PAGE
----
Later on in the film, after Tony becomes a werewolf and murders multiple people, he tries to call Arlene. The authorities are with her waiting for this call, but Arlene shows guilt in this scene as she doesn't want to do anything that will risk the well being of Tony. Arlene is also critical to the plot for being the first reason Tony becomes a werewolf. She didn't do it intentionally of course, but takes the first step in leading Tony to his eventual demise. Arlene suggests to Tony that he should go see a mental health doctor. Initially Tony declines, but after yet another violent outburst, he agrees. He goes to see Dr. Alfred Brandon, the doctor that Arlene suggested. This is important for it is Dr. Brandon that tests his experiment on Tony which turns him into a werewolf, and a killer. Tony isn't necessarily the villain of the story, for Dr. Brandon is the most vile character in the film, werewolves are archetypally killers and villains, and Tony fits this conception. This archetype of a murderous werewolf is seen in "The Werewolf's Daughter", as the werewolf in the story is a vile murderer.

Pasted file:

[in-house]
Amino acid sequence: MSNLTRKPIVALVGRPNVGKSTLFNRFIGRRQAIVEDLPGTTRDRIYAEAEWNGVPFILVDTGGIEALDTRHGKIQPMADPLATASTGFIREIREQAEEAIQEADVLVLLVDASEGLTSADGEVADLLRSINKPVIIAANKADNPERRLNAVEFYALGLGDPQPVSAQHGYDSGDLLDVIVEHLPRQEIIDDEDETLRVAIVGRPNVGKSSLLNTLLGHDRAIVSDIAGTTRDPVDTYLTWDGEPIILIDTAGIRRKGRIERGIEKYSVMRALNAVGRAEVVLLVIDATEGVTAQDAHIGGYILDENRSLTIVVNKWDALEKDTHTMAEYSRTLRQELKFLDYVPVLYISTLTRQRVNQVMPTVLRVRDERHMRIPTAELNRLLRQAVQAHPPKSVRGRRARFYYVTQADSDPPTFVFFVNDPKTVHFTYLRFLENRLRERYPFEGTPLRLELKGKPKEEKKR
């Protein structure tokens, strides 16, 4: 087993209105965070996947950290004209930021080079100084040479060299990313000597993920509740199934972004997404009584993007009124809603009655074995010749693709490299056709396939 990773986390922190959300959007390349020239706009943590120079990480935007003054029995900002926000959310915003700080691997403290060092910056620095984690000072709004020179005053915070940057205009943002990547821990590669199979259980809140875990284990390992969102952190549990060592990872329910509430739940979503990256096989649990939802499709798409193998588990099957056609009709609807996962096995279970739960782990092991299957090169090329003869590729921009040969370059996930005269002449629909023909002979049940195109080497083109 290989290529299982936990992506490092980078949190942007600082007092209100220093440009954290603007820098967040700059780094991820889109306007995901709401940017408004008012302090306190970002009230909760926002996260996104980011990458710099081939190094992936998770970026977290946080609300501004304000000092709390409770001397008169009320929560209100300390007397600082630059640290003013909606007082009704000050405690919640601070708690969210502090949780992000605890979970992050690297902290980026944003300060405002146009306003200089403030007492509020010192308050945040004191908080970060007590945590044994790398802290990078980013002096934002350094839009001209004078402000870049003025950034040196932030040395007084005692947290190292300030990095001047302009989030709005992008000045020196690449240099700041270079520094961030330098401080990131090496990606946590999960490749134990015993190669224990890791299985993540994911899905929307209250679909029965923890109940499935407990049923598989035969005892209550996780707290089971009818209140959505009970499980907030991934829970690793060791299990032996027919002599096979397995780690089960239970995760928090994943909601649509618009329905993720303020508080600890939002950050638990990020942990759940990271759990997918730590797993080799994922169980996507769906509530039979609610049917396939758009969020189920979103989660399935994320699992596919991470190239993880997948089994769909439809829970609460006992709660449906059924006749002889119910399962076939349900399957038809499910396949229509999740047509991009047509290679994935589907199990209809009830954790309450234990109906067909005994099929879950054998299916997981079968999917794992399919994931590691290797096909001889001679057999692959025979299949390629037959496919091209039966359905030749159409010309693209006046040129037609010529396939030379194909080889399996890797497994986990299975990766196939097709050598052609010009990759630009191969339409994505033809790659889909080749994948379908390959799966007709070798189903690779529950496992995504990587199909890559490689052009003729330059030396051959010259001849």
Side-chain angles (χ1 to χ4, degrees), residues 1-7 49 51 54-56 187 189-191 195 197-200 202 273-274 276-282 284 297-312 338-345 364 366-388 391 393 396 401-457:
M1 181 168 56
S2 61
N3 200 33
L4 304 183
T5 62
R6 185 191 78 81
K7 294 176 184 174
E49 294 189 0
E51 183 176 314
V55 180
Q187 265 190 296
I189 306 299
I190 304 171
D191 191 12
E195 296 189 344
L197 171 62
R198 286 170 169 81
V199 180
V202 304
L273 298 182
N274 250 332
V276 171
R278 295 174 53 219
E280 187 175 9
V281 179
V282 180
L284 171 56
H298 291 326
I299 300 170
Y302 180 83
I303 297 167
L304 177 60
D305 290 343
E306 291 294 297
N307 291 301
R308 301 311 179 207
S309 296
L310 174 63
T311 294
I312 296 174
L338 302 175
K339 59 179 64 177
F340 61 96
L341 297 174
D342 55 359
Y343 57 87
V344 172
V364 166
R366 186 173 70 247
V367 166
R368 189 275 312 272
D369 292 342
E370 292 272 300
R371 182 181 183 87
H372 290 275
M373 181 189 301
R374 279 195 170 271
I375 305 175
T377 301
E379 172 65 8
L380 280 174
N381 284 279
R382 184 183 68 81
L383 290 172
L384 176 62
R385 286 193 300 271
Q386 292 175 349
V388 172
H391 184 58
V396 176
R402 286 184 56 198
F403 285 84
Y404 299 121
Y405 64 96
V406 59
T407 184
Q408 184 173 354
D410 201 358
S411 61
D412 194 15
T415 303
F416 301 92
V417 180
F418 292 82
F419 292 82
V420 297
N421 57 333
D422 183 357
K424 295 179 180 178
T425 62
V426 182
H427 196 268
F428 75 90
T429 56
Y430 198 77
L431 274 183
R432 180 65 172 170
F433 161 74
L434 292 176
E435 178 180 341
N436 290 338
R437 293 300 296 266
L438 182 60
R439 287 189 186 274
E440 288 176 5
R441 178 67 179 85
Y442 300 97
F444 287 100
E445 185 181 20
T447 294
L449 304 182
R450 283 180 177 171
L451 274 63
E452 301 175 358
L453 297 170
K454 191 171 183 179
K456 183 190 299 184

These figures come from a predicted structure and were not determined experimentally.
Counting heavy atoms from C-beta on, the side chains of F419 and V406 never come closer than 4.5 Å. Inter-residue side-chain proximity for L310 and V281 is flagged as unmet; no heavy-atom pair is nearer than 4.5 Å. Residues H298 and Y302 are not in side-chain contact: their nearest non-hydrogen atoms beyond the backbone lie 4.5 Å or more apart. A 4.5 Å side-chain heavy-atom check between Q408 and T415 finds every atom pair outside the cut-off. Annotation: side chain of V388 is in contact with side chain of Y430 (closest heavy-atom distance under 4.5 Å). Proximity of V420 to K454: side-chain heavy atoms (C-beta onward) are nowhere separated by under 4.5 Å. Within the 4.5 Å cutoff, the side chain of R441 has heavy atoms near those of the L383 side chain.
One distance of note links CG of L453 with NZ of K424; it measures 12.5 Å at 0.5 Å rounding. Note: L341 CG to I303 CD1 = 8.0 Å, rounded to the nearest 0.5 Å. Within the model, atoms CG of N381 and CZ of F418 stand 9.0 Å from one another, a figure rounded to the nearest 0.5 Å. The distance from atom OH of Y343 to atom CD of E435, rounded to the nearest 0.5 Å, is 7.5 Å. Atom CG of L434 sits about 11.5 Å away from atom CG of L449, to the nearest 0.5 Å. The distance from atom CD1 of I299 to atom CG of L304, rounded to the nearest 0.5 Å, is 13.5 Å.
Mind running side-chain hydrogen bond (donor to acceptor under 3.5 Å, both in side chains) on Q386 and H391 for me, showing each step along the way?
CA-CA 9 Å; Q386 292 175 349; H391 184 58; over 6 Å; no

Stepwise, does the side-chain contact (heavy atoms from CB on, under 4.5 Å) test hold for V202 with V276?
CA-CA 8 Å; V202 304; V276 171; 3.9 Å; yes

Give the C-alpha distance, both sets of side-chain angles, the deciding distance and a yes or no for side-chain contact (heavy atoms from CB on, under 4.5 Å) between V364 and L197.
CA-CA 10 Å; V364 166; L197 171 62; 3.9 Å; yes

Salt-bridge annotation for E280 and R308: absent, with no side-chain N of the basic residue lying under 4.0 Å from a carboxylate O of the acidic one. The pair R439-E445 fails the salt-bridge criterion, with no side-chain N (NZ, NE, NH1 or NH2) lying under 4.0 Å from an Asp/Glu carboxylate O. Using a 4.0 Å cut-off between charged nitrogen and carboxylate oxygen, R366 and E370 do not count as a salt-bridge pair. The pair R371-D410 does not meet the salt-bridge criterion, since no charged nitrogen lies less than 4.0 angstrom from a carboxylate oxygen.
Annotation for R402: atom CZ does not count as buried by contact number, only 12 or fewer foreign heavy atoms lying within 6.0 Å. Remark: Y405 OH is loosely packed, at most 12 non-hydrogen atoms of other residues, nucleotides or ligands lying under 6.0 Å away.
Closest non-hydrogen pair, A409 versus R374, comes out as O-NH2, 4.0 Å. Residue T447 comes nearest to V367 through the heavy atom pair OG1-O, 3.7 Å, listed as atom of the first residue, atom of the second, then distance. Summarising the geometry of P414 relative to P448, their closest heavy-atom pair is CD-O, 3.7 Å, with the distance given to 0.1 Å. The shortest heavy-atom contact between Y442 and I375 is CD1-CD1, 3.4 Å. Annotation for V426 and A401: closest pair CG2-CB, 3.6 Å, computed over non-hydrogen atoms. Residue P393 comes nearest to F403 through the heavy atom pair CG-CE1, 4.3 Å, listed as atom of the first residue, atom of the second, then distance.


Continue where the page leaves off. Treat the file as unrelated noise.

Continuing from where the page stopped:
It isn't known whether or not Arlene knows she played a part in the transformation of Tony. Yet in the scene with the phone call and the police with her, Arlene shows guilt and angst which could have been derived from her potential knowledge of what happened with Tony and Dr. Brandon. Guilt is a powerful story telling tool, and Arlene's is incredibly important to the narrative of "I Was A Teenage Werewolf".
Family Works - https://extension.illinois.edu/familyworks/teen-05.html
The Werewolf's Daughter Story - http://www.pitt.edu/~dash/wolfdaughter.html